2017 Bi-Monthly Update Series: September/October

To keep you informed, here are some highlights of changes and updates made to Clicklaw in September and October:

Jan-Feb | Mar-Apr | May-Jun | Jul-Aug | Sep-Oct | Nov-Dec

The Canadian Bar Association, BC Branch (CBA BC)

Seventeen (17) Dial-A-Law scripts have been updated in October 2017. For a complete list of these resources, see their listing here (sorted by “last reviewed date”).

Legal Services Society

  • First Nations Court Duty Counsel
    Duty counsel is now available at the newest location of First Nations Court: Nicola Valley Indigenous Court (Merritt).
  • Your Gladue Rights
    This new booklet explains Gladue rights, rights under the Criminal Code that apply to anyone who identifies as Aboriginal. Gladue rights can apply at bail and sentencing hearings.
  • Your Welfare Rights: Applying for Welfare Online
    New fact sheet about how to apply for welfare using your computer or mobile phone. Describes the three stages involved and the steps you follow at each stage. Expands on information printed in the booklet How to Apply for Welfare. Available in print and online.
  • Mothers Leaving Abusive Partners: Information on Custody and Access for Women with Children
    This booklet is now available in both traditional and simplified Chinese, French, Punjabi, and Spanish. Describes what abuse is, how to protect yourself and your children, what the courts can do, deciding parenting arrangements, and where to get help and support. Includes a checklist of what to take with you when you leave an abusive relationship.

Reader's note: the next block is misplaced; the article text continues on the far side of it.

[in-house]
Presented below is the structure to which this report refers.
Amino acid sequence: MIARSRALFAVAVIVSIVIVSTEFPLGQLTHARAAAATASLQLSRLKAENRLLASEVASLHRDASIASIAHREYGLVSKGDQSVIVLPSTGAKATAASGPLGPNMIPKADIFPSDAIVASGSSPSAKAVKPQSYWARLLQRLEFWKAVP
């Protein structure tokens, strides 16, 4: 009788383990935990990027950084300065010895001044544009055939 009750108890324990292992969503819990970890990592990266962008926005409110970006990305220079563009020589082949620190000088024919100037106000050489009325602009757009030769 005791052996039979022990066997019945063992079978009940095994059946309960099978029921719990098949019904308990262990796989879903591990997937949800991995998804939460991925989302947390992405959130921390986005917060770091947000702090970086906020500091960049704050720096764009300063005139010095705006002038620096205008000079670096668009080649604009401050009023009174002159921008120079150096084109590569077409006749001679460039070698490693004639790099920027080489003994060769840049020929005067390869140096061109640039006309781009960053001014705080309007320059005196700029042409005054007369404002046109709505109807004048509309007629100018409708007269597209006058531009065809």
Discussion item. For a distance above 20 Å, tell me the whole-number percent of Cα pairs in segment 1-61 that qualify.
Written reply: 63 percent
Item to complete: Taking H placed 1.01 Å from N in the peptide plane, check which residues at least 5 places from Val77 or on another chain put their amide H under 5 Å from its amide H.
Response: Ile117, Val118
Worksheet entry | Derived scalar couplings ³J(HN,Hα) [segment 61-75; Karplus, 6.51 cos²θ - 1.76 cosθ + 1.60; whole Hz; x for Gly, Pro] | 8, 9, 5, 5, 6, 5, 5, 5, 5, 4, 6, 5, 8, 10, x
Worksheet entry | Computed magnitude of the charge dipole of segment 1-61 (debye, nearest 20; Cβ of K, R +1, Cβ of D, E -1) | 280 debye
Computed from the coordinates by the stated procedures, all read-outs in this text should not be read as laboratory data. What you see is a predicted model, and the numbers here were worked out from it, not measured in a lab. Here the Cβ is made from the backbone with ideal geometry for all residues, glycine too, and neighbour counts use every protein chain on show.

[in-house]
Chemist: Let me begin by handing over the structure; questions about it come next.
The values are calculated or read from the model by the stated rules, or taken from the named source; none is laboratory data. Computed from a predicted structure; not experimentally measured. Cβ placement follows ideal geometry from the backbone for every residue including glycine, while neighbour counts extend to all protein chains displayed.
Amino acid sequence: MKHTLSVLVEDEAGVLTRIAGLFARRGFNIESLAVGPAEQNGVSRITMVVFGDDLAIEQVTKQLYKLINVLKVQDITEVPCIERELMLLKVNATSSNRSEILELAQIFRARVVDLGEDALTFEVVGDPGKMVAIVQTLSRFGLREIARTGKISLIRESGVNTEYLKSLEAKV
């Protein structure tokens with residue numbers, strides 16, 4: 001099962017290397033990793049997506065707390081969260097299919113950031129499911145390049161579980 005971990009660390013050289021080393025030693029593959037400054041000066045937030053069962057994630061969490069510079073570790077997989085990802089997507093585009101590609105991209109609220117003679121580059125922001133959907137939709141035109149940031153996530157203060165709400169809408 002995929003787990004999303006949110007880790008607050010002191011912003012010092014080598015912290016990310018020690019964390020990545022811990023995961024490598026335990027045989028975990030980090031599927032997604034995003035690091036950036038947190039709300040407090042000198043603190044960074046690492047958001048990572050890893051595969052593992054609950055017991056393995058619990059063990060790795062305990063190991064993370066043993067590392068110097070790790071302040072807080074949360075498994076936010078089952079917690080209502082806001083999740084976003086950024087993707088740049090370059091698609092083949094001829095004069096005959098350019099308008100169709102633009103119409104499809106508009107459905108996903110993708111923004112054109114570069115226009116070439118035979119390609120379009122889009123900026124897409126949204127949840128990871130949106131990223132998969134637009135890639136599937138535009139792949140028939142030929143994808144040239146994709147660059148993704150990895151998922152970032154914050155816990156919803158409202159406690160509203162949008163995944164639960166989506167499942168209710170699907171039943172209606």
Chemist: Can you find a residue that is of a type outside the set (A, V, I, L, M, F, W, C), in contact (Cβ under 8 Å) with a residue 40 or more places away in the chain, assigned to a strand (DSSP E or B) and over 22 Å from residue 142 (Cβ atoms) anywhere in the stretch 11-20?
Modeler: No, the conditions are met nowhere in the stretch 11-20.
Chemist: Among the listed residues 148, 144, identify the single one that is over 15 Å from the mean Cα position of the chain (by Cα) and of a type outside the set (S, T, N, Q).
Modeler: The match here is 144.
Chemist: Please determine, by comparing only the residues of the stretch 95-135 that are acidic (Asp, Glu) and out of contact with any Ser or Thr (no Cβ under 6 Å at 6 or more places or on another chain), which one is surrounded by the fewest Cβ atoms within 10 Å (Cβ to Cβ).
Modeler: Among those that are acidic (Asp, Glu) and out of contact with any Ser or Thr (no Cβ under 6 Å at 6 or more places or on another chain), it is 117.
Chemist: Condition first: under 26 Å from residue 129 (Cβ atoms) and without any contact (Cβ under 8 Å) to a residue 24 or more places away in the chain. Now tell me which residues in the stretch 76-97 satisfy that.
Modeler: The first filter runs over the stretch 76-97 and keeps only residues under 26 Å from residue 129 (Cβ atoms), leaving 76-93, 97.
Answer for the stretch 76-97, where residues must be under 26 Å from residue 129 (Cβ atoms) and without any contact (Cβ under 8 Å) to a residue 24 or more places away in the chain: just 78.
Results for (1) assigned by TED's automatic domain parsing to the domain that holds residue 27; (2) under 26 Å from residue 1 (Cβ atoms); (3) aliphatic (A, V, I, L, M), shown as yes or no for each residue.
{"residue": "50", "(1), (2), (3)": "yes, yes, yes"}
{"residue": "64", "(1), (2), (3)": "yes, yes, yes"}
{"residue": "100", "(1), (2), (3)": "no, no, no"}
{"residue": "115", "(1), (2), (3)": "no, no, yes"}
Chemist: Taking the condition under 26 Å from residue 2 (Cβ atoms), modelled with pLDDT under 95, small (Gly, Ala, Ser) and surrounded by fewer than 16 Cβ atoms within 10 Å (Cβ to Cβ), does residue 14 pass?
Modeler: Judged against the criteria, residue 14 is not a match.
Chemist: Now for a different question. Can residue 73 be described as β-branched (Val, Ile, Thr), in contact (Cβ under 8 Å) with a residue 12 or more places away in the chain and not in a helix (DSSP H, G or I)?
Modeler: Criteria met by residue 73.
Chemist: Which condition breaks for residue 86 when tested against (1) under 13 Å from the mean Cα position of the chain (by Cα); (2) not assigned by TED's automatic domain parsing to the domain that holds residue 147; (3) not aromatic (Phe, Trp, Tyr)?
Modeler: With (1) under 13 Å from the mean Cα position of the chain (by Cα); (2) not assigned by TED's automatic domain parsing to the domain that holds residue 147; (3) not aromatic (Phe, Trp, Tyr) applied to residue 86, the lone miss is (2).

Wills & Estates Q&A
by People’s Law School

Questions and answers on wills and estates topics. Volunteer legal professionals provide answers to questions from the public relating to personal planning, wills, dealing with death, and settling an estate.

Future Planning Tool
by Plan Institute

This new online tool guides you through the steps of planning for a good life, including financial security, personal network building, estate planning, housing choices and supported decision-making.

Support Person Guidelines: Information Poster
by Provincial Court of BC

An informational poster to help explain the BC Provincial Court’s Support Person Guidelines.

Mothers Without Status
by YWCA Vancouver

This updated booklet is for service providers assisting “mothers without status”. They are women who are neither Canadian citizens nor permanent residents. It gives an overview of the issues they face and options they can take. It includes information on where to get help.

Legal Forms Workshop at Vancouver Public Library (Amici Curiae Programme)
by Law Courts Centre

Amici Curiae is offering free one-hour sessions with legal professionals who can help you fill out your forms. Get help with forms for court, human rights, employment issues, residential tenancy, and more. No legal advice will be provided. Anyone can make an appointment by calling: 778.522.2839 or by email: aclegal.vpl@gmail.com.

Northern Navigator
by South Peace Community Resources Society

A system for healing for families going through separation and/or divorce. The goal is to improve access to mediation and other services, provide guidance, direction, and information to families in the Peace. The program works with the Registry and Court so when directed by the Judge or when families choose on their own, families will be provided more options for accessing alternative dispute resolution methods (mainly mediation through a roster of mediators working on a sliding scale).

New and updated Common Questions

Gives you a selection of helpful guides when you suspect that you are a victim of identity theft. It also tells you who to call to report the incident and to ask for more information.